Ryan Garton: After getting picked up from Tampa Bay (who else?) earlier this month, Garton’s introduction to the PCL has been a little rocky to say the least. In a small sample size of just 8.2 IP, Garton’s running an xFIP of 6.00, and has allowed eight hits and eight walks. Being that he’s 27 years old, currently on the 40-man, and had an okay-ish debut major league season with the Rays last year, I’d expect him to be added to the roster, barring revelation of an injury.

Sam Gaviglio: Well, it’s been a little over two weeks since the Mariners have lost a starting pitcher to the DL, so it seems like that should happen again any day now. In all seriousness though, any future appearances for Gaviglio in the bigs will likely be in low-leverage relief situations.

Andrew Moore: I’m hoping that Andrew Moore: Relief Pitcher was a one and done thing, and that we don’t see him coming out of the bullpen for a long long time. As a pitcher with a pretty specific pre-start regimen, suddenly asking him to appear out of the ‘pen isn’t doing anybody any favors. Moore has thrown exactly 4.0 innings in each of his five starts since returning to Tacoma, seemingly indicating the organization is in the process of winding him down for the year. I wouldn’t be all that shocked if we don’t see him again this season, despite his status on the 40-man.

Max Povse: I’m still not done gushing over Povse and his strong spring almost six months ago, so I was excited to see him starting — and succeeding mind you — again in his last two outings. With Tacoma going with 1-2 bullpen days per week, it’s a little unclear if Povse is simply the “reliever” being chosen to start the bullpen games, or if the organization has decided to stretch him back out as a starter. His last two outings have been his longest since the beginning of May, and he’s been pretty effective, striking out 11 over 8.2 while allowing just three earned runs, three hits, and three walks. If he’s able to make another start in Tacoma and work 5+ solid innings, I’d love to see him make a start at the big league level to round out the year.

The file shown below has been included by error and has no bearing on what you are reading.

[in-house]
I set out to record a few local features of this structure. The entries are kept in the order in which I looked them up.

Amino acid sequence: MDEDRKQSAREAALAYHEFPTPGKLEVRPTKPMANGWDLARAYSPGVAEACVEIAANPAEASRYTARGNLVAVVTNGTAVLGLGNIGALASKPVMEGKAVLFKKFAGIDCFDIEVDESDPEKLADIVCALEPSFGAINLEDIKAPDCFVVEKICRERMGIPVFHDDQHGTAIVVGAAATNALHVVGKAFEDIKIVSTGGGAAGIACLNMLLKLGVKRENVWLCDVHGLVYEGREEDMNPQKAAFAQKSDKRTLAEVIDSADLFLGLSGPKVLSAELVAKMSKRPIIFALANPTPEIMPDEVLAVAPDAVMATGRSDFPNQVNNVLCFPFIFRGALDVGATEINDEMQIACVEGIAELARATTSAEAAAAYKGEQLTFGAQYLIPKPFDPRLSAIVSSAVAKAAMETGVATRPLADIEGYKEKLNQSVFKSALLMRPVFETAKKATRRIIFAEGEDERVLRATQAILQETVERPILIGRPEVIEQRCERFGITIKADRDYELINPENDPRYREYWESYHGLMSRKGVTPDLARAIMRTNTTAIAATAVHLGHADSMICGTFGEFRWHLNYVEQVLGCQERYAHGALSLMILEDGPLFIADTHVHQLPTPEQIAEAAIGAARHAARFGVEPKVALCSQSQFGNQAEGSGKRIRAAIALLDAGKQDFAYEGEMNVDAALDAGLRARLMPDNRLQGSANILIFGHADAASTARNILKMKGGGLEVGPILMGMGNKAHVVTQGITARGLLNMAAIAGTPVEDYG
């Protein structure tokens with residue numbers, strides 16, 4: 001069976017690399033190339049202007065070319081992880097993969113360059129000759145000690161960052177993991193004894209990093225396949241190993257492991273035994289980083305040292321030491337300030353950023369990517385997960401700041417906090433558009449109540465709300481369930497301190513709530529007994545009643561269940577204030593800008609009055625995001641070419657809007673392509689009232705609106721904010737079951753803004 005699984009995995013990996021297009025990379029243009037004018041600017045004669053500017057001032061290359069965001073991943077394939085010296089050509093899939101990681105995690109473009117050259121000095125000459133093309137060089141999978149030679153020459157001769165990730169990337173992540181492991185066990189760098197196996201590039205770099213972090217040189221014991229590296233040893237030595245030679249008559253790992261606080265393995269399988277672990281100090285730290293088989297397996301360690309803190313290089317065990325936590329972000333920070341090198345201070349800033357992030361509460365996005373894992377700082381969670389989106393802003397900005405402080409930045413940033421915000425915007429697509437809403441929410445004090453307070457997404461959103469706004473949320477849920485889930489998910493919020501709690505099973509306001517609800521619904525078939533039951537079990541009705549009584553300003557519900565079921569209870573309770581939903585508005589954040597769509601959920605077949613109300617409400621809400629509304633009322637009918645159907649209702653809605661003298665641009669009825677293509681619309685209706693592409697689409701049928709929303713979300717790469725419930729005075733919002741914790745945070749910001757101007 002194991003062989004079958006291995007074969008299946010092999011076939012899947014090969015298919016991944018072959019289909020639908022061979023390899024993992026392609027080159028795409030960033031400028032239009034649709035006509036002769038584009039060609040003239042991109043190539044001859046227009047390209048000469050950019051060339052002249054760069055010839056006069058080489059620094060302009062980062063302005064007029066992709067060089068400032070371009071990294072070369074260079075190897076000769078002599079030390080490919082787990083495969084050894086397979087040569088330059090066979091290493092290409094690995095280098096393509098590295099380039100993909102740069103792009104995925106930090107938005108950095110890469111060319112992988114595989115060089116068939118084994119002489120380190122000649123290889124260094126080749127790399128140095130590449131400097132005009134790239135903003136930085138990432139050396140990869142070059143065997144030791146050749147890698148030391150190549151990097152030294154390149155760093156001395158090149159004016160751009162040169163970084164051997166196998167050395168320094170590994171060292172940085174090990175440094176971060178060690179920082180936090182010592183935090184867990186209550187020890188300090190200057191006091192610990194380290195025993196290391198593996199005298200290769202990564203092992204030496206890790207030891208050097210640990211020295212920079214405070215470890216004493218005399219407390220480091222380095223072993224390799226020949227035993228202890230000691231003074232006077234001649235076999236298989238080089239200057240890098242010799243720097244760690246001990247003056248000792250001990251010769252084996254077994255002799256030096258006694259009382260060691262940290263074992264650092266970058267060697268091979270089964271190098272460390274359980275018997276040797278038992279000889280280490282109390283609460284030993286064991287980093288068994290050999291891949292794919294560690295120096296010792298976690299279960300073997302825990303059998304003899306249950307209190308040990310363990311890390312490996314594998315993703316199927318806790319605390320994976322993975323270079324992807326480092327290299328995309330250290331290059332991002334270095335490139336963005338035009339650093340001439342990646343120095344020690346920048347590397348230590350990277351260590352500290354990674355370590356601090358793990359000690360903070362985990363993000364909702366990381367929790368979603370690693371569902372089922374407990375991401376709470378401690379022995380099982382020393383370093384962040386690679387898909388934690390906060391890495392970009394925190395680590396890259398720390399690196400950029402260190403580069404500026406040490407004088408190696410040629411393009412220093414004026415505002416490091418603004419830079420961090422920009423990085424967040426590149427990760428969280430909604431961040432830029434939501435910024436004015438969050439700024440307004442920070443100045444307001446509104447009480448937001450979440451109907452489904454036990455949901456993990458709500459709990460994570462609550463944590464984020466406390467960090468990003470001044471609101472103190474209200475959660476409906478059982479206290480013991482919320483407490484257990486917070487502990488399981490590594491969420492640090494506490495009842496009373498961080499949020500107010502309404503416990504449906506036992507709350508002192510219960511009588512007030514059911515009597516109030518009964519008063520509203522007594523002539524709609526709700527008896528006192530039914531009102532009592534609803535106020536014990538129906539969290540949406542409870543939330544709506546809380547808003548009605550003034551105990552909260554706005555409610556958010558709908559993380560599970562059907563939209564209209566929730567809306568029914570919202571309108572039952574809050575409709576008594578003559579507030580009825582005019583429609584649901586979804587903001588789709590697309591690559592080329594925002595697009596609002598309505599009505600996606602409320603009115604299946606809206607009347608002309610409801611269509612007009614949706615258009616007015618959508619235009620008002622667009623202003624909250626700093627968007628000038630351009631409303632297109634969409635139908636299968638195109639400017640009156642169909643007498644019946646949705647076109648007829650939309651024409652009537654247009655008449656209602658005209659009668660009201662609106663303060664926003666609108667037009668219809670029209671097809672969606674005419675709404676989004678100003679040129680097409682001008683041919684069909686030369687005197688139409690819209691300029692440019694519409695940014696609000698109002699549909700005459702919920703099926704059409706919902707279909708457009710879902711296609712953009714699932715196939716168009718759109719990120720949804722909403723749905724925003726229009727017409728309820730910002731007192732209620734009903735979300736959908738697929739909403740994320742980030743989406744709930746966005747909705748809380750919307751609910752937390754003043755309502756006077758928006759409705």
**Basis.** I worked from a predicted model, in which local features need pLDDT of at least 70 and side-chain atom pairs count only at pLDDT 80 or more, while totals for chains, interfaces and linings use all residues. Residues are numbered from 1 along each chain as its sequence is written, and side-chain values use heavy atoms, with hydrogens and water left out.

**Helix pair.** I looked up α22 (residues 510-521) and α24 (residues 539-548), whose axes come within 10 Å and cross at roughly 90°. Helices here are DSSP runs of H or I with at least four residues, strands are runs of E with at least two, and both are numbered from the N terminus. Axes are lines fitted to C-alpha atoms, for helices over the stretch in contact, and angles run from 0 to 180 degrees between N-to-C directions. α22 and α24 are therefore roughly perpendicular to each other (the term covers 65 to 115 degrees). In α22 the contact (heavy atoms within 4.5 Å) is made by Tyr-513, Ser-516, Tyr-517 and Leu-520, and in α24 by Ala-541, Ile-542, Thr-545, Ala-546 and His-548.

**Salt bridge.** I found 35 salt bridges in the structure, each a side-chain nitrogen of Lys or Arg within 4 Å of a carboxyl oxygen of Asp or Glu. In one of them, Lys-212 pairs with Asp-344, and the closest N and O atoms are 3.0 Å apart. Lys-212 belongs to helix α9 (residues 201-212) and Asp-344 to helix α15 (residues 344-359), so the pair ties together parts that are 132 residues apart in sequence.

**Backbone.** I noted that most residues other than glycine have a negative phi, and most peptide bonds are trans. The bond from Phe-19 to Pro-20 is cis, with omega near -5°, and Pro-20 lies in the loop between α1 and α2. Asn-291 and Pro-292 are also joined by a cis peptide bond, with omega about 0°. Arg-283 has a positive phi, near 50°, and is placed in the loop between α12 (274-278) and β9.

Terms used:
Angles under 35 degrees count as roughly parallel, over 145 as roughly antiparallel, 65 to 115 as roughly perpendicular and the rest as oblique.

Thyago Vieira: It was a bit of a shock to most when Thyago was called up to the bigs a couple weeks ago, with most projected him for a September call-up at the earliest. His strikeouts have essentially disappeared since his big league promotion, but so have his walks, so make of that what you will. He’s already racked up the most innings he’s pitched since 2013, and with a plethora of other options, I wouldn’t think it’s 100% given that he’s back before season’s end.

Shawn O’Malley: Snake-bitten doesn’t begin to describe the 2017 season for Mr. O’Malley. He came down with appendicitis during spring training, and then underwent shoulder surgery in early May. He finally made his way back to Tacoma in August, only to trip over the pitching mound and suffer a concussion. Given that he has barely played recently, his September call-up chances seem fairly slim, especially given Taylor Motter’s “emergence” as a utility guy. But if he’s able to get back to full health, he would certainly be a useful piece for the M’s.